MOCCA finds new home in iconic industrial relic
The exodus of art galleries from West Queen West to the lower tip of the Junction Triangle has reached its culminating point as MOCCA announces that it will take over the first two and half floors of the the iconic Tower Automotive Building on Sterling Road. How they accomplished this feat, I'm not exactly sure, but it's very exciting news for contemporary art and architecture fans.
The Globe broke the news in a report today which details the size and features of the new space. When the gallery opens in late 2016 (or early 2017), it will be almost three times the size that it is now, with the option of expanding to over 5,000 square metres in the future.
I suppose it's time to stop mourning the move from Queen St. and to start thinking of names for Toronto's new gallery district. While tons of renovations need to be done to get the space to exhibition level, the plans already sound enticing. The first level will include a cafe, lounge-like area for performances and talks, a boutique, and exhibition area.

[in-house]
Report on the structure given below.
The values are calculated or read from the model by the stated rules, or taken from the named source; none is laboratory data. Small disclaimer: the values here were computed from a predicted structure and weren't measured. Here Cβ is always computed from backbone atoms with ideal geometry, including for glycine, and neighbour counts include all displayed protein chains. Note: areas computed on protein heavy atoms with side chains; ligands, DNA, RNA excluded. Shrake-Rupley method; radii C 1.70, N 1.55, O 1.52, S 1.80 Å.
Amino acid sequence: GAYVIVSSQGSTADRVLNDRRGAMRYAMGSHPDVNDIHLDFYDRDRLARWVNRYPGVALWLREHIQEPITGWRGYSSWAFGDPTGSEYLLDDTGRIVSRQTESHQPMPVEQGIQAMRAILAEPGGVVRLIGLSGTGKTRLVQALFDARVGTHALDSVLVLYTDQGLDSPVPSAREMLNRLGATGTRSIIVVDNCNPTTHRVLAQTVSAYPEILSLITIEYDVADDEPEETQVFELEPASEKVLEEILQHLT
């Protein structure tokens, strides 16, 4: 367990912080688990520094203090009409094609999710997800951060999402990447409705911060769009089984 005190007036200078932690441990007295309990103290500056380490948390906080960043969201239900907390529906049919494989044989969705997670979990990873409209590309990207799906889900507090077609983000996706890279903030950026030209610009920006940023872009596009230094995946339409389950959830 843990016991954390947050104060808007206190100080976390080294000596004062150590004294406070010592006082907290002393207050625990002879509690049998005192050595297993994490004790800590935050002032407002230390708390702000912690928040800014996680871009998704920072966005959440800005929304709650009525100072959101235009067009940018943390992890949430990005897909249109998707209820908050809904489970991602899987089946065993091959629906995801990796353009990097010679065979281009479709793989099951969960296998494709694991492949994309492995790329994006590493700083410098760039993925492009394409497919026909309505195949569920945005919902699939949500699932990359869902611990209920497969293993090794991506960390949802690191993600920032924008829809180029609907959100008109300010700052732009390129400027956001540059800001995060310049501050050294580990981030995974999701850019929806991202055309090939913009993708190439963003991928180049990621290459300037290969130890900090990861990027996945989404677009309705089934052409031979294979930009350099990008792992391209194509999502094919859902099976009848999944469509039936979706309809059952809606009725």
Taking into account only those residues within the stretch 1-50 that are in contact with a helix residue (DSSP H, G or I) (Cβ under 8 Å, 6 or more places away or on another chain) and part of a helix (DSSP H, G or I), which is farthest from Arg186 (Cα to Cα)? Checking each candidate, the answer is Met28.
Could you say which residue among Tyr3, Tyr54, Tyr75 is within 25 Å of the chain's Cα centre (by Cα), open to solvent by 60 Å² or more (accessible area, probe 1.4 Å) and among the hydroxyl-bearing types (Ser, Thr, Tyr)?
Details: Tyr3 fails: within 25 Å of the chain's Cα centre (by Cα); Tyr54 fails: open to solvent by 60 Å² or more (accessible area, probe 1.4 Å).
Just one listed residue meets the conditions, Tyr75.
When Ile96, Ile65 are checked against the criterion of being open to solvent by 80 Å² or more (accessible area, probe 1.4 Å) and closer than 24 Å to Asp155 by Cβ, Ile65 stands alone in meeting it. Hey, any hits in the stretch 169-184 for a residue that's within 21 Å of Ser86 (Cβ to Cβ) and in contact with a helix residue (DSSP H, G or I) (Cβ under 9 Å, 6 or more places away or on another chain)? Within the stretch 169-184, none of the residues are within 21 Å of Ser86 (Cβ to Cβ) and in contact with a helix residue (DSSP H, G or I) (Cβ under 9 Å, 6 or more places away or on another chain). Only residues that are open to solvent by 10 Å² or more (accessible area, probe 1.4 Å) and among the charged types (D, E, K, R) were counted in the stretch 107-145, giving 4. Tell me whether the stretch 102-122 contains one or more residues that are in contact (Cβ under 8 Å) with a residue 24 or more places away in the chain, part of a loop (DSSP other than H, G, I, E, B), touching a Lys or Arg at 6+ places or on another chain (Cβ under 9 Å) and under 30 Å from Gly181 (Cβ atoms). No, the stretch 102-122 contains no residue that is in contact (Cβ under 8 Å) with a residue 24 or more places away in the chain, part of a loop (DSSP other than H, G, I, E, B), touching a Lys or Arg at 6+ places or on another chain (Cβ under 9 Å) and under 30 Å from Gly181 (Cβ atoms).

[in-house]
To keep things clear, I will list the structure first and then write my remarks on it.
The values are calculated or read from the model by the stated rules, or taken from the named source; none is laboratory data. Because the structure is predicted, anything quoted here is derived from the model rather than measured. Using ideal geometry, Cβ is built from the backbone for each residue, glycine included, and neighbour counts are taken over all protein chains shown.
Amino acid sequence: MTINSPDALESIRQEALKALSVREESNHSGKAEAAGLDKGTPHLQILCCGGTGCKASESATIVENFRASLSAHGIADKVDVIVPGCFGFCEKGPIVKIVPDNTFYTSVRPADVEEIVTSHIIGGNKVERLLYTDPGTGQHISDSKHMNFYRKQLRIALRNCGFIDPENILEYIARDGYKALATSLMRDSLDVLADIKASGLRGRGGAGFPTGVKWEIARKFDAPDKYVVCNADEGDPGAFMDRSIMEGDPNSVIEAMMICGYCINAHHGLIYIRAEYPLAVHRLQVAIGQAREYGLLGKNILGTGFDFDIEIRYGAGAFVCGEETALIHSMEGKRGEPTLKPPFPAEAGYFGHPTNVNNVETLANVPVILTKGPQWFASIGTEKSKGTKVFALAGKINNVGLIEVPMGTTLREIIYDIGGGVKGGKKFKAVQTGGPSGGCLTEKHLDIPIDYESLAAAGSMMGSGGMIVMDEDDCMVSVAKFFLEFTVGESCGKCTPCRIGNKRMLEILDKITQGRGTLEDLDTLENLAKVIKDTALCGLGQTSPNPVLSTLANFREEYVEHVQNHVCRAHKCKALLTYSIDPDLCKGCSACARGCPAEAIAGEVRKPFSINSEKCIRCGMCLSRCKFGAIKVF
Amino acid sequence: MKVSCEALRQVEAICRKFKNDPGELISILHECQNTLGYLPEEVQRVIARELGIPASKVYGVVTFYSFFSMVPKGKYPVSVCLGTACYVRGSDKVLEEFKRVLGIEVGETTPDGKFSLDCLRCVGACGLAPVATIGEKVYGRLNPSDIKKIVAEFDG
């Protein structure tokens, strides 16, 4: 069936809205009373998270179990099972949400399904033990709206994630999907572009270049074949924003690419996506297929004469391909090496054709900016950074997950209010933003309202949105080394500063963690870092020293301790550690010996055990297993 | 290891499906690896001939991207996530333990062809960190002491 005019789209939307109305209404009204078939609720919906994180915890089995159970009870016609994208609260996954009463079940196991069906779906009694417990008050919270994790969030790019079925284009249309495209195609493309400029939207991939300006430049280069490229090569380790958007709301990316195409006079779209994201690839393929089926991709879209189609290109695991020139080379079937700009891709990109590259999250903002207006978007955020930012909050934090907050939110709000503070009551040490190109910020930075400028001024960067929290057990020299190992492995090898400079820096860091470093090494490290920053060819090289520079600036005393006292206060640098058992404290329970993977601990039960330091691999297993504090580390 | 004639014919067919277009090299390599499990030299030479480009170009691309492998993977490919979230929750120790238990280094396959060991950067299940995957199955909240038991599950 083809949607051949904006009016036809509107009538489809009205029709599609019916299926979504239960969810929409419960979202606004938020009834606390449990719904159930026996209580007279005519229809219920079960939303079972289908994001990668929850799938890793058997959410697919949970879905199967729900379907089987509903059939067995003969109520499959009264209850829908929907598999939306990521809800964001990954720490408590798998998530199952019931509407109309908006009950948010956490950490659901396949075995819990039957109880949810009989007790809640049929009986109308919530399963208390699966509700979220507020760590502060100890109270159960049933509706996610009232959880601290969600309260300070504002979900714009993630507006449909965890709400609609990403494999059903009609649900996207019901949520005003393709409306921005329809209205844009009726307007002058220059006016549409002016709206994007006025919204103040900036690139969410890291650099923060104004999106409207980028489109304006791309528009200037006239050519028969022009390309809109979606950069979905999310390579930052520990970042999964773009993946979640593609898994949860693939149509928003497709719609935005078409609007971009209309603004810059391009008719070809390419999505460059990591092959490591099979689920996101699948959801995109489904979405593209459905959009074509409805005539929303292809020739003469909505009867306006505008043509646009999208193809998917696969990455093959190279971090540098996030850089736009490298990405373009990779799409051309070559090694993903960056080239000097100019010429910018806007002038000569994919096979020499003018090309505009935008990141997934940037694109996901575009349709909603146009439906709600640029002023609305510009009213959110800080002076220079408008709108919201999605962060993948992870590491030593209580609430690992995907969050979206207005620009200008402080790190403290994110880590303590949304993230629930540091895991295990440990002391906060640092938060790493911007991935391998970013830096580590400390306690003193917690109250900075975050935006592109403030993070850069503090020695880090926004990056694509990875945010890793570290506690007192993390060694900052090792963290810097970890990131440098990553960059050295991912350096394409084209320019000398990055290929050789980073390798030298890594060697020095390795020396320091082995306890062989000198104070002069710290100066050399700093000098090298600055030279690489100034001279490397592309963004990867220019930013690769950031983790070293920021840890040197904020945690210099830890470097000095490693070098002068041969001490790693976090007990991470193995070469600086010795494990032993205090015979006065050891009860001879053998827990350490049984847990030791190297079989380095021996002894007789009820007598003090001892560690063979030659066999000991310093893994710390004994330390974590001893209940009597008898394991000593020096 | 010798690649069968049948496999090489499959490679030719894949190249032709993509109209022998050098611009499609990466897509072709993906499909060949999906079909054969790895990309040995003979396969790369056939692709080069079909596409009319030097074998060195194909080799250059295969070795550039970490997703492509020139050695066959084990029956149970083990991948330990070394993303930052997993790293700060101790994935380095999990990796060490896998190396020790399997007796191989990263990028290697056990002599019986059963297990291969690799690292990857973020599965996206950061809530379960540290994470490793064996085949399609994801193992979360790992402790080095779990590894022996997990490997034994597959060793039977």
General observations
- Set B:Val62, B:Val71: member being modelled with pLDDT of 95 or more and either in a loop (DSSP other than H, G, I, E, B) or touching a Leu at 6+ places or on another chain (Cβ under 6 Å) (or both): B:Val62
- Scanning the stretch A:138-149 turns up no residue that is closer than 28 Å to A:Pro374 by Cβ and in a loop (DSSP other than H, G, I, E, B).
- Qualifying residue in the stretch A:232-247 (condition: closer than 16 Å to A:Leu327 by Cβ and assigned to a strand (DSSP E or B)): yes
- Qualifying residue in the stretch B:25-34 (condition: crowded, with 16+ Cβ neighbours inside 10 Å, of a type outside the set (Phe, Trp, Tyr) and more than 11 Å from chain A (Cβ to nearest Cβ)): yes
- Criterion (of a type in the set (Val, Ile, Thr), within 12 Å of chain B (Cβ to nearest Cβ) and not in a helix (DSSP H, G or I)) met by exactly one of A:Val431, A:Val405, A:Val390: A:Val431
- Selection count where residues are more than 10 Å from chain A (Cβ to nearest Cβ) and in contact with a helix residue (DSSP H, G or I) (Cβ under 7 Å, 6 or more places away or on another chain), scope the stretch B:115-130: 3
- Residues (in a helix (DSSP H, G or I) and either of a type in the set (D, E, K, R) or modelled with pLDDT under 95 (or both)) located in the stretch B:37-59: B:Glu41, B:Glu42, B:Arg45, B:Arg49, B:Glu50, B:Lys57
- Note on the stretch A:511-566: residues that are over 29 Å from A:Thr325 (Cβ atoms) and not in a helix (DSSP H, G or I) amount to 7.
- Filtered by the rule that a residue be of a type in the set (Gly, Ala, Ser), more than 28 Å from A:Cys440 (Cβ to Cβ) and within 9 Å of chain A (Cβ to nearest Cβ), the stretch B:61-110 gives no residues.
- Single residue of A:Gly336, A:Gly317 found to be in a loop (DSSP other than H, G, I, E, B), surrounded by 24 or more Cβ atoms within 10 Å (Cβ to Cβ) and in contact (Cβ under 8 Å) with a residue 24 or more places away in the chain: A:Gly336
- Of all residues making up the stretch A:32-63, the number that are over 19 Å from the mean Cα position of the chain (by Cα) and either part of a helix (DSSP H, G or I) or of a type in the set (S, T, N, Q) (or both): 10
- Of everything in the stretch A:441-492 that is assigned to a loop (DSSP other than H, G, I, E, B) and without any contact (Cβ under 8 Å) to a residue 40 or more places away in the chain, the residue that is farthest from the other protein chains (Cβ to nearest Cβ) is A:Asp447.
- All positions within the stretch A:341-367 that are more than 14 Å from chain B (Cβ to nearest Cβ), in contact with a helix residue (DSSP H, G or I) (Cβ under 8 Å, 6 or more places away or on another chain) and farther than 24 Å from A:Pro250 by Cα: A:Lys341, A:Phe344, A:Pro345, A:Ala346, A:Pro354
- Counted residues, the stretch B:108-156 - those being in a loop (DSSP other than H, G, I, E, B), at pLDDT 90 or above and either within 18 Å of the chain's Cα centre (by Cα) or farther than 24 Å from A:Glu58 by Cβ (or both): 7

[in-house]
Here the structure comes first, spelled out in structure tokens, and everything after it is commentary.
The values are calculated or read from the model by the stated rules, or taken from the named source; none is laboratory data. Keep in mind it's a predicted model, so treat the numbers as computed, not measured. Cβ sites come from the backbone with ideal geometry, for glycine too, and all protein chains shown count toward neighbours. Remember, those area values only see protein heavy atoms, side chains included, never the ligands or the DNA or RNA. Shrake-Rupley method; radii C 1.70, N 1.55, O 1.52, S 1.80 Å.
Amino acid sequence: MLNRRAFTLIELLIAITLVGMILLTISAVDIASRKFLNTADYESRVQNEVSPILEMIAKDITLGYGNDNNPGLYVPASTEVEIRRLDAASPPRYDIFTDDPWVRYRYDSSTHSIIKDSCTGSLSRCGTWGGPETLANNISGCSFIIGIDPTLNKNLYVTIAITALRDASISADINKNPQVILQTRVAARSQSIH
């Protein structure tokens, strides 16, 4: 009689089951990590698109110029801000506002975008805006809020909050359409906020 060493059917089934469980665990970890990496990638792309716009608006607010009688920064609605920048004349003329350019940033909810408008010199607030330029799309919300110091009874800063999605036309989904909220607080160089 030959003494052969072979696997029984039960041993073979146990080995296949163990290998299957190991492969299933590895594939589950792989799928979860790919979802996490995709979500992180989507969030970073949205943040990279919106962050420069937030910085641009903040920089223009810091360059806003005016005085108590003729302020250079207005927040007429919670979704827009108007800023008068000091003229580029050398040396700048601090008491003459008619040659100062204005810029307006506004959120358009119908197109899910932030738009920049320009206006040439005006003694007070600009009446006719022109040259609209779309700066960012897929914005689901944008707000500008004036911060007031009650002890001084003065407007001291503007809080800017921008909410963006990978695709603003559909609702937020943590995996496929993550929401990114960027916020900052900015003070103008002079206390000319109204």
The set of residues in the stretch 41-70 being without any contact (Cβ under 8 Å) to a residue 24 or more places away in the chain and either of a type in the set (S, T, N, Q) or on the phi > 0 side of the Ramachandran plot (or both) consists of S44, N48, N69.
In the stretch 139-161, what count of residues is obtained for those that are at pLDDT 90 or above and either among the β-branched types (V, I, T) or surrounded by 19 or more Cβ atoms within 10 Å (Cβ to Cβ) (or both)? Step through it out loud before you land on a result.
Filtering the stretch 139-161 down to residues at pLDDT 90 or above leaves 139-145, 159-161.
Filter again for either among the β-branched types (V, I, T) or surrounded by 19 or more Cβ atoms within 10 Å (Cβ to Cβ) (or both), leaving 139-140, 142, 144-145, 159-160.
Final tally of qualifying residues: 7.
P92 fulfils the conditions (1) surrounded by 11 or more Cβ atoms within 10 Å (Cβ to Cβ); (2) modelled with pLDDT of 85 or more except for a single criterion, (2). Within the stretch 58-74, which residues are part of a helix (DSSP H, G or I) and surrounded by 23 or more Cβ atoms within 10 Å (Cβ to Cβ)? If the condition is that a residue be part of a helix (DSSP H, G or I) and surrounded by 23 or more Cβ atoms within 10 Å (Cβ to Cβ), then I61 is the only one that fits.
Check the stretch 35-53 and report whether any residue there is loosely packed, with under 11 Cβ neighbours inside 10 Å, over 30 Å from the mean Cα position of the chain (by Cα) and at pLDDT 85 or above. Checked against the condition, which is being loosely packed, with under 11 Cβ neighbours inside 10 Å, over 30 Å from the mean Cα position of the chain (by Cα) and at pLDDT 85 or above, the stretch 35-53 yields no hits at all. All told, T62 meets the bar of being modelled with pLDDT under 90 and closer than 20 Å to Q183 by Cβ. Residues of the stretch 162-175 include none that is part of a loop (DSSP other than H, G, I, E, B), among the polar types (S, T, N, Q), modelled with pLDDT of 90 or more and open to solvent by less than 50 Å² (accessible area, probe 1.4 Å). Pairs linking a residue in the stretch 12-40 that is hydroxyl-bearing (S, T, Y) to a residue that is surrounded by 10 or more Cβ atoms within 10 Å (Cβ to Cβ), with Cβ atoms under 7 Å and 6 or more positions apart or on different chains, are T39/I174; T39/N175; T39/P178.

As for the rest of the Tower Automotive building, it will be renovated for commercial use rather than made into a condominium (that was the original plan, but it fell apart). A number of other buildings will be constructed on the site by developer Castlepoint, but none will exceed the height of the existing structure.
One gets the sense that something good is brewing in the Toronto arts scene right now, at least as pertains to exhibition/event spaces. Somehow Luminato landed the Hearn as the site of its opening gala and the Unsound music festival, and now news breaks that MOCCA has found a near-perfect home in an abandoned industrial building in a growing gallery district.
Please let the trend continue.
Photo by Vic Gedris
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